If you want to live like a rich backwater peasant, then here's your ride.

  • Gimmeamanual Gimmeamanual on May 17, 2023

    The problem with using this for overlanding is having to tow it to/from your overland spot - can only use it for loops (in many places) and that's not really overlanding. I can't think of many reasons to buy this over a Wrangler, which is at least fully road legal, more practical, and will be easy to sell when done.

  • Ronin The very asking of the question "Are Plug-In Hybrids the Future?" is an interesting one. Because just 2 or 3 years ago we'd be asking- no, asserting- that E cars are the future. We're no longer asking that question.
  • Peter Benn There apparently were some K-code 4-dr sedan Fairlanes. Collectible Automobile Apr 2024 has found a '63 500 with HD 3/spd.
  • Mia Hey there!I recently stumbled upon the Crack Eraser DIY Windshield Repair Kit (check it out here: https://crackeraser.com/collections/diy-windshield-repair-kits) and decided to give it a shot on a small chip in my windshield. I have to say, it worked like a charm! Super easy to use, and it saved me a trip to the professionals. If you're dealing with a similar issue, this kit is definitely worth considering. 😊
  • Rust-MyEnemy Whoa, what the hell is wrong with Jalop1991 and his condescension? It's as if he's employed by Big Plug-In or something."I've seen plenty of your types on the forums....."Dunno what that means, but I'm not dead keen on being regarded as "A type" by a complete stranger"" I'm guessing you've never actually calculated by hand the miles you've driven against the quantity of gas used--which is your actual miles per gallon."Guess again. Why the hell would you even say that? Yes, I worked it out. Fill-to-fill, based on gas station receipts. And it showed me that a Vauxhall Astra PHEV, starting out with a fully charged PHEV battery, in Hybrid mode, on my long (234-mile) daily motorway daily commute, never, over several months, ever matched or beat the economy of the regular hybrid Honda Civic that I ran for a similar amount of time (circa 5000 miles)."You don't use gasoline at all for 30-40 miles as you use exclusively battery power, then your vehicle is a pure hybrid. Over 234 miles, you will have used whatever gas the engine used for 200 of those miles."At least you're right on that. In hybrid mode, though, the Astra was using battery power when it wasn't at all appropriate. The petrol engine very rarely chimed in when battery power was on tap, and as a result, the EV-mode range quickly disappeared. The regular hybrid Civic, though, deployed its very small electric reserves (which are used up quickly but restore themselves promptly), much more wisely. Such as when on a trailing throttle or on a downward grade, or when in stop-start traffic. As a result, at the end of my 234 miles, the Civic had used less gas than the Astra. Moreover, I hadn't had to pay for the electricity in its battery.I look forward to you arguing that what actually happened isn't what actually happened, but I was there and you were not."Regardless, that you don't understand it appears not to have stopped you from pontificating on it. Please, do us all a favor--don't vote."You really are quite unpleasant, aren't you. But thanks for the advice.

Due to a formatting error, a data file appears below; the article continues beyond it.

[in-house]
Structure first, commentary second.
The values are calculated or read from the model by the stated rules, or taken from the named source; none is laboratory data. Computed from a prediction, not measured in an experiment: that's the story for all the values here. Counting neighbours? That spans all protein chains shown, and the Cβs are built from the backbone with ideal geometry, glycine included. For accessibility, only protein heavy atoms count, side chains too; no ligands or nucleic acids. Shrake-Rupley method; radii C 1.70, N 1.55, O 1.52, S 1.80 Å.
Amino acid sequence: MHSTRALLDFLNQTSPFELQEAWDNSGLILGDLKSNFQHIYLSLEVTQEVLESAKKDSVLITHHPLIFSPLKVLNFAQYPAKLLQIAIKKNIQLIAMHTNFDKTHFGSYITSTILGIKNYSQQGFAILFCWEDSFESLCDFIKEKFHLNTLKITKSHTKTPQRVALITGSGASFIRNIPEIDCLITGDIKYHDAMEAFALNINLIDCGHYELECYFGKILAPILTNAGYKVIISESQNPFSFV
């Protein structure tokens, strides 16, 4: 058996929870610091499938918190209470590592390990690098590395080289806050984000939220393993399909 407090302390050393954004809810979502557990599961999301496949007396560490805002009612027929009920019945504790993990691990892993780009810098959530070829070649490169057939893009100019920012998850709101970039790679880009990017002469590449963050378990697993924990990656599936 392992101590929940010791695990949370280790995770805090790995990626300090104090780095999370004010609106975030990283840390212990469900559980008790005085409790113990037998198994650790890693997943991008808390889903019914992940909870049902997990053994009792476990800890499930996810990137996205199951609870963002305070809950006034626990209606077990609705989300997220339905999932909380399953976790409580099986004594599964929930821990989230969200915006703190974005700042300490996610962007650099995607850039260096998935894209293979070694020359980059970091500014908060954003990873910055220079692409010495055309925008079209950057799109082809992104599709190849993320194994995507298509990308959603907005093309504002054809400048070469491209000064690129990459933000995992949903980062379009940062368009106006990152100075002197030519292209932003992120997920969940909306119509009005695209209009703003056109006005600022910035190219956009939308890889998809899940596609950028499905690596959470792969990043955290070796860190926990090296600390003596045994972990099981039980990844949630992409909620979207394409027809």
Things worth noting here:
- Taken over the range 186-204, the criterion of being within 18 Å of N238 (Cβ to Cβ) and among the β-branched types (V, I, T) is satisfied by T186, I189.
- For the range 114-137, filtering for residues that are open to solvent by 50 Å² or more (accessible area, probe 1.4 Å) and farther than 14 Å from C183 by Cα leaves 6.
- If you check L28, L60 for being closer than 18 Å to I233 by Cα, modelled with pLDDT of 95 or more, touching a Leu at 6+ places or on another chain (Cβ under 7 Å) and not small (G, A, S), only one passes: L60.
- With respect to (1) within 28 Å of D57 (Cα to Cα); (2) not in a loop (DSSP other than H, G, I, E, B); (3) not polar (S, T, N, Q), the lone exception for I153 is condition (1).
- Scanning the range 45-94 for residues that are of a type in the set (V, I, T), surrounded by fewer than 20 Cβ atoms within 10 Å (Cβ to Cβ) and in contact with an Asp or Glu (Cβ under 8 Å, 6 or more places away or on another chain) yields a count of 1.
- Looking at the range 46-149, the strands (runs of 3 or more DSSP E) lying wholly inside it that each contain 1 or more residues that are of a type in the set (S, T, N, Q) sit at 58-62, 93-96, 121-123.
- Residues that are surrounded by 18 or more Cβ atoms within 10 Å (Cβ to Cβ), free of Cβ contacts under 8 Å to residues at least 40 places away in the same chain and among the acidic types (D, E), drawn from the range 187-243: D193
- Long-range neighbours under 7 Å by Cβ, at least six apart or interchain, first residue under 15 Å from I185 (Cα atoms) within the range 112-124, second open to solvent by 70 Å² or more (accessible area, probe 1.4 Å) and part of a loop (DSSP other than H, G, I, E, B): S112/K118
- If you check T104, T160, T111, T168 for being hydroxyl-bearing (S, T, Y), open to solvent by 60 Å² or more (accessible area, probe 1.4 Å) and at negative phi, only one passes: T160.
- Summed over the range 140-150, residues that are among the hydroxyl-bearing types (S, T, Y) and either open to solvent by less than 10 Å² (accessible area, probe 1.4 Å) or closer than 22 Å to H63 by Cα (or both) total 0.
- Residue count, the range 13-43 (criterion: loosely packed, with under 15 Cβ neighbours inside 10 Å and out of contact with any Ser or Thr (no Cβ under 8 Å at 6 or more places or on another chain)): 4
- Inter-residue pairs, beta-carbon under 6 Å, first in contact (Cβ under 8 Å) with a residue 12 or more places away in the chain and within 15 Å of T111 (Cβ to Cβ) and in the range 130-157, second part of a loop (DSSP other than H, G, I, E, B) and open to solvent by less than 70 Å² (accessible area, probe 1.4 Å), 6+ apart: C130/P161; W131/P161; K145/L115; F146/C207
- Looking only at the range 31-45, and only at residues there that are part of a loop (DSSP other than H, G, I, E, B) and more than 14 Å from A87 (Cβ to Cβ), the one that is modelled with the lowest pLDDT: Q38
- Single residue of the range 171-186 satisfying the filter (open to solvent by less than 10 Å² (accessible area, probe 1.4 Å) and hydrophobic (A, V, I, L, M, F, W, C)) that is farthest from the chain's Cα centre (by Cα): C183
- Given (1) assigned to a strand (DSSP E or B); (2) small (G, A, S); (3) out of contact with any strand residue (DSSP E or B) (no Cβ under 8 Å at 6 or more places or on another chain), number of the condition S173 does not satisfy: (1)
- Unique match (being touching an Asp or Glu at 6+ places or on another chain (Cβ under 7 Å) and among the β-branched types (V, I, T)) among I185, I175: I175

• Tassos Jong-iL Electric vehicles are mandated by 2020 in One Korea. We are ahead of the time.